STF: Shoba, I wonder what some of your personal favorite films are from that era.
Shoba: It’s really hard to say. Every Sunday morning we would watch some kind of show about the Yugoslavian army, and its strength, and then it would go to a partisan movie. But honestly, as a kid, that represented reality. Actually, Western movies were shown at night, there was always this weird combination of Western movies and Communist, partisan movies. It’s hard to pick your favorite, but mine was Walter Defends Sarajevo. The main character kills like 6,000 Germans within 10 minutes, which is a funny thing. I remember movie propaganda was so strong. I remember as a kid running through the streets and collecting the movie fliers which had been thrown out of airplanes. Cinema was so huge. But the way movies were filmed in Yugoslavia, every single republic had its own studio for movies, and every republic had a movie quota. It was a government plan.
Leitner: Did each republic have a studio?
Shoba: Pretty much. For example, every major republic capital had it’s own film laboratory and distribution house.
Leitner: At that time, there had been many attempts at European unification. Tito tried it by forcing a number of ethnicities, nations to band together. During the Yugoslavian period, was some kind of nationalism tolerated in these films?
Shoba: All Communist movies were pretty much about unity, about brotherhood. But no single nation was deprived of it. They didn’t avoid showing religious leaders in movies, like priests or bishops. It was also very visible which partisan brigade was Serb or Croat or Montenegran. There was always this kind of representation, that was important to show in Communist cinema.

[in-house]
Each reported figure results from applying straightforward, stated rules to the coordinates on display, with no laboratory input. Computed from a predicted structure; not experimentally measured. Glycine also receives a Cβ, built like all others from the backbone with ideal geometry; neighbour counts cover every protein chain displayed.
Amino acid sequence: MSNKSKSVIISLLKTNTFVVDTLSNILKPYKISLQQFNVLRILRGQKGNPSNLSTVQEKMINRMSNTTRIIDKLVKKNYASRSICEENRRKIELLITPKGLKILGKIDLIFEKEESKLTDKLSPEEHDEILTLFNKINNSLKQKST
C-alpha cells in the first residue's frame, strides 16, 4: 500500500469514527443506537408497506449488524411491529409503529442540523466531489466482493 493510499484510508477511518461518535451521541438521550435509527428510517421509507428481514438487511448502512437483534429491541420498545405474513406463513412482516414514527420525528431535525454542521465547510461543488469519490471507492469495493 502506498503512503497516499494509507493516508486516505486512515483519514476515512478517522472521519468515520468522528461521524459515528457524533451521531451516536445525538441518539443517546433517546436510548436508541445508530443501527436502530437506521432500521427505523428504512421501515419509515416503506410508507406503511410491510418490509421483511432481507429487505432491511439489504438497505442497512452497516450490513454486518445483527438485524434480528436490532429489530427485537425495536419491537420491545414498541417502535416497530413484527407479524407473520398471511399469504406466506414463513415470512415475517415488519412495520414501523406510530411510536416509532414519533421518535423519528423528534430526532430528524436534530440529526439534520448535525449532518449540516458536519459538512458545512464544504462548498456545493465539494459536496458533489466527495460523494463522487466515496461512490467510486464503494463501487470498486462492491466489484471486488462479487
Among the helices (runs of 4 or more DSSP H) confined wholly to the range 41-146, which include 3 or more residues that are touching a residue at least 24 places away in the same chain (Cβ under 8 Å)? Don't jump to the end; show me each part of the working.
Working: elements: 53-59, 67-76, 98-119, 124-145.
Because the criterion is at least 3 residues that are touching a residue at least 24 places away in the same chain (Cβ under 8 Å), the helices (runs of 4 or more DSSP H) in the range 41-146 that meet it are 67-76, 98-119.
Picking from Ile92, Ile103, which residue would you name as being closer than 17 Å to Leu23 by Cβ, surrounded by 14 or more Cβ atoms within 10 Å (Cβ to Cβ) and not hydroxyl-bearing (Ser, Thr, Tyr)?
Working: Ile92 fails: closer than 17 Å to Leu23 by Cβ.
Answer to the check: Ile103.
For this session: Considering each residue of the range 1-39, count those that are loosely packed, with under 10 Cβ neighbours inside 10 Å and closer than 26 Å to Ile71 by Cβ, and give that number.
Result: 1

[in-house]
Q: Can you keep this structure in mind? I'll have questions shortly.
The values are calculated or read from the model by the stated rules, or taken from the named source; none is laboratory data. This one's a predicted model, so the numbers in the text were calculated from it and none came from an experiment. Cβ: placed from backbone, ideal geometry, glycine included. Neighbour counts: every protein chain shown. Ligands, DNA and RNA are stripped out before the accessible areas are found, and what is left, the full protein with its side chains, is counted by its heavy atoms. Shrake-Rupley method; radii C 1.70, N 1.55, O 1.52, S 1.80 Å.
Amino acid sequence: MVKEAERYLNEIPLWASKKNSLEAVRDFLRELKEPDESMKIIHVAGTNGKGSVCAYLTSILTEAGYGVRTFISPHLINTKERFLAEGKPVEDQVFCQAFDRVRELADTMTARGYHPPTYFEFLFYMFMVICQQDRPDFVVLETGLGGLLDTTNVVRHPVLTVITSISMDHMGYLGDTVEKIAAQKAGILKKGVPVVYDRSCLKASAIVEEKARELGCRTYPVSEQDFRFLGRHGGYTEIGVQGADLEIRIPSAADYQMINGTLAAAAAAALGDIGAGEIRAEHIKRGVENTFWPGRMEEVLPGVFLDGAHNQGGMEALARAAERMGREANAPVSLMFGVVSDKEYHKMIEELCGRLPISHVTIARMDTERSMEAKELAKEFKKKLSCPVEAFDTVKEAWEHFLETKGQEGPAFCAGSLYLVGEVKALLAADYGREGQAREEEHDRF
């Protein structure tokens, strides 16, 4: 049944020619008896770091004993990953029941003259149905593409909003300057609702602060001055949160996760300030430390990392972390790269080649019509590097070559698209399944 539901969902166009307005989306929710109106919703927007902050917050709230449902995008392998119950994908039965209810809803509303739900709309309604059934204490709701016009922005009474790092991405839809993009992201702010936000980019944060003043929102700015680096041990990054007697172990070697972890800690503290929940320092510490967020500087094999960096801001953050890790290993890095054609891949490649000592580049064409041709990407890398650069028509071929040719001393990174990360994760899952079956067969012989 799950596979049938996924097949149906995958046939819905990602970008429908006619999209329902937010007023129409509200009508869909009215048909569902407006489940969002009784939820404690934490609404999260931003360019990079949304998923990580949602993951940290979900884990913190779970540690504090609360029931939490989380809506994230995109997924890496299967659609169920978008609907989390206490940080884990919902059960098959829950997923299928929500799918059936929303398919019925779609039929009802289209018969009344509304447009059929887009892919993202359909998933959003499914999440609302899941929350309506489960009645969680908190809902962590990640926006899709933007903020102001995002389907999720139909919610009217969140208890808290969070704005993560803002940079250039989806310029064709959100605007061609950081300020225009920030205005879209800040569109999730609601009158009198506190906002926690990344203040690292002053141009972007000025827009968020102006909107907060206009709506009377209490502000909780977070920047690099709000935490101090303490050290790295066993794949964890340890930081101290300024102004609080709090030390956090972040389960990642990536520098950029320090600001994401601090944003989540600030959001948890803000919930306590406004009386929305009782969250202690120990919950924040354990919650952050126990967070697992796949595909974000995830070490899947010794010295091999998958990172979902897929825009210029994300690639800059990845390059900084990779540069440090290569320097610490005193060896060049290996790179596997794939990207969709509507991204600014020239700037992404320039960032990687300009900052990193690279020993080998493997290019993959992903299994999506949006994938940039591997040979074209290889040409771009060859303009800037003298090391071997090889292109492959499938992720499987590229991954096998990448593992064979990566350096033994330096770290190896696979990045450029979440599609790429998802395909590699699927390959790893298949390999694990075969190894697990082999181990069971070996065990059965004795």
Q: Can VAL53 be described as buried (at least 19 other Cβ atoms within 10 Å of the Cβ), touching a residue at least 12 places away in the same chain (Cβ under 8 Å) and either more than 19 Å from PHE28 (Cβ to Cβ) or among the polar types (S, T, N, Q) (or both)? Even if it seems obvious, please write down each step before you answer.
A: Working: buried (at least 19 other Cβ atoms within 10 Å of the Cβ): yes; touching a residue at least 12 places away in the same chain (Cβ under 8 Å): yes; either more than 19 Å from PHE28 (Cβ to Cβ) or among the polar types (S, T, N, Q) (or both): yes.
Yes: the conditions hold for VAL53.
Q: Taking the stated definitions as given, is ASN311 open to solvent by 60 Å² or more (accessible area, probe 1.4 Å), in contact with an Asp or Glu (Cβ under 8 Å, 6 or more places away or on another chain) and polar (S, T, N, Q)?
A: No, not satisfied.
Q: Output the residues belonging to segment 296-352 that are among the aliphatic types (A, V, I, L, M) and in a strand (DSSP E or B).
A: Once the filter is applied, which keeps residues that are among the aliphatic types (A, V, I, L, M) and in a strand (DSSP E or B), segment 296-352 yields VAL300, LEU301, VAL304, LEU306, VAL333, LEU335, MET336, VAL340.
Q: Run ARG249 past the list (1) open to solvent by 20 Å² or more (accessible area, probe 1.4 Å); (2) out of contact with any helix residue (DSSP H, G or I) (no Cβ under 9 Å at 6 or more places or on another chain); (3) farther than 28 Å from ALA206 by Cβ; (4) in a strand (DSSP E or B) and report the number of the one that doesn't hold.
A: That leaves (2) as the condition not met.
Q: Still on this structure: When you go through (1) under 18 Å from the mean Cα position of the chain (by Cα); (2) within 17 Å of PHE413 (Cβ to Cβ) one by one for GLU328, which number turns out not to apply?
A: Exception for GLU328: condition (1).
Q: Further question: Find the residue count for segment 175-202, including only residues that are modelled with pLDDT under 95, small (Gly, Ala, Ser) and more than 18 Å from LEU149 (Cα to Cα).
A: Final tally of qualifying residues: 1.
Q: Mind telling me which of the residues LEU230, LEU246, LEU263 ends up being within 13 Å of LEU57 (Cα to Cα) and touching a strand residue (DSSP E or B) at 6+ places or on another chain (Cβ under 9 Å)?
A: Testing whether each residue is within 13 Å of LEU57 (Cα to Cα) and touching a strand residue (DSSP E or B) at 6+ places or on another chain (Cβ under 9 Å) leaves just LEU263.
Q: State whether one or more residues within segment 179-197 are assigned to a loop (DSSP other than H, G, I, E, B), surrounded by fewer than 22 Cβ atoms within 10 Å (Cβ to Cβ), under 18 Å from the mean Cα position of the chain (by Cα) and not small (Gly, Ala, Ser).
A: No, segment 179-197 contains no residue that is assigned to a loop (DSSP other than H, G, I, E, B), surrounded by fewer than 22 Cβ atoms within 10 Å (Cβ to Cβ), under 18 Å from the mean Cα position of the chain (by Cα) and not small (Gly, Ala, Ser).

Leitner: People were allowed to have pride in their nationalist background.
Shoba: Absolutely, that was key in how everybody must be represented.
STF: Shoba, in your return visits to Sarajevo, you frequently go to the Sarajevo film festival. Can you describe what that festival means for contemporary cinema in Sarajevo.
Shoba: Sarajevo did have it’s own film studios, which were unfortunately totally destroyed in the war. We had all of the facilities that you see in Avala in Belgrade, although Avala was much bigger. But it was all destroyed, all the equipment was destroyed. We had to start from scratch. Then, by the will of individuals and interest, movies started being made again after the war. Right now we can’t speak about some kind of film industry, but we can speak of a really strong movie scene, and really good films. We have the best original festival in the Balkans, that’s for sure. Every year many important movies are shown there. I’m just afraid that there’s no development to organize production, movie studios. Not like it used to be.
Leitner: Is there an independent movie scene?
Shoba: Well, everything is independent. You as a filmmaker in Bosnia, you have to struggle a lot to make a film. You have to beg, and go around to try and find sponsors all over Europe and the world, which is complicated. The state itself does not fund films properly, they give some limited funding. Just renting the equipment is more than 50% of the film budget normally.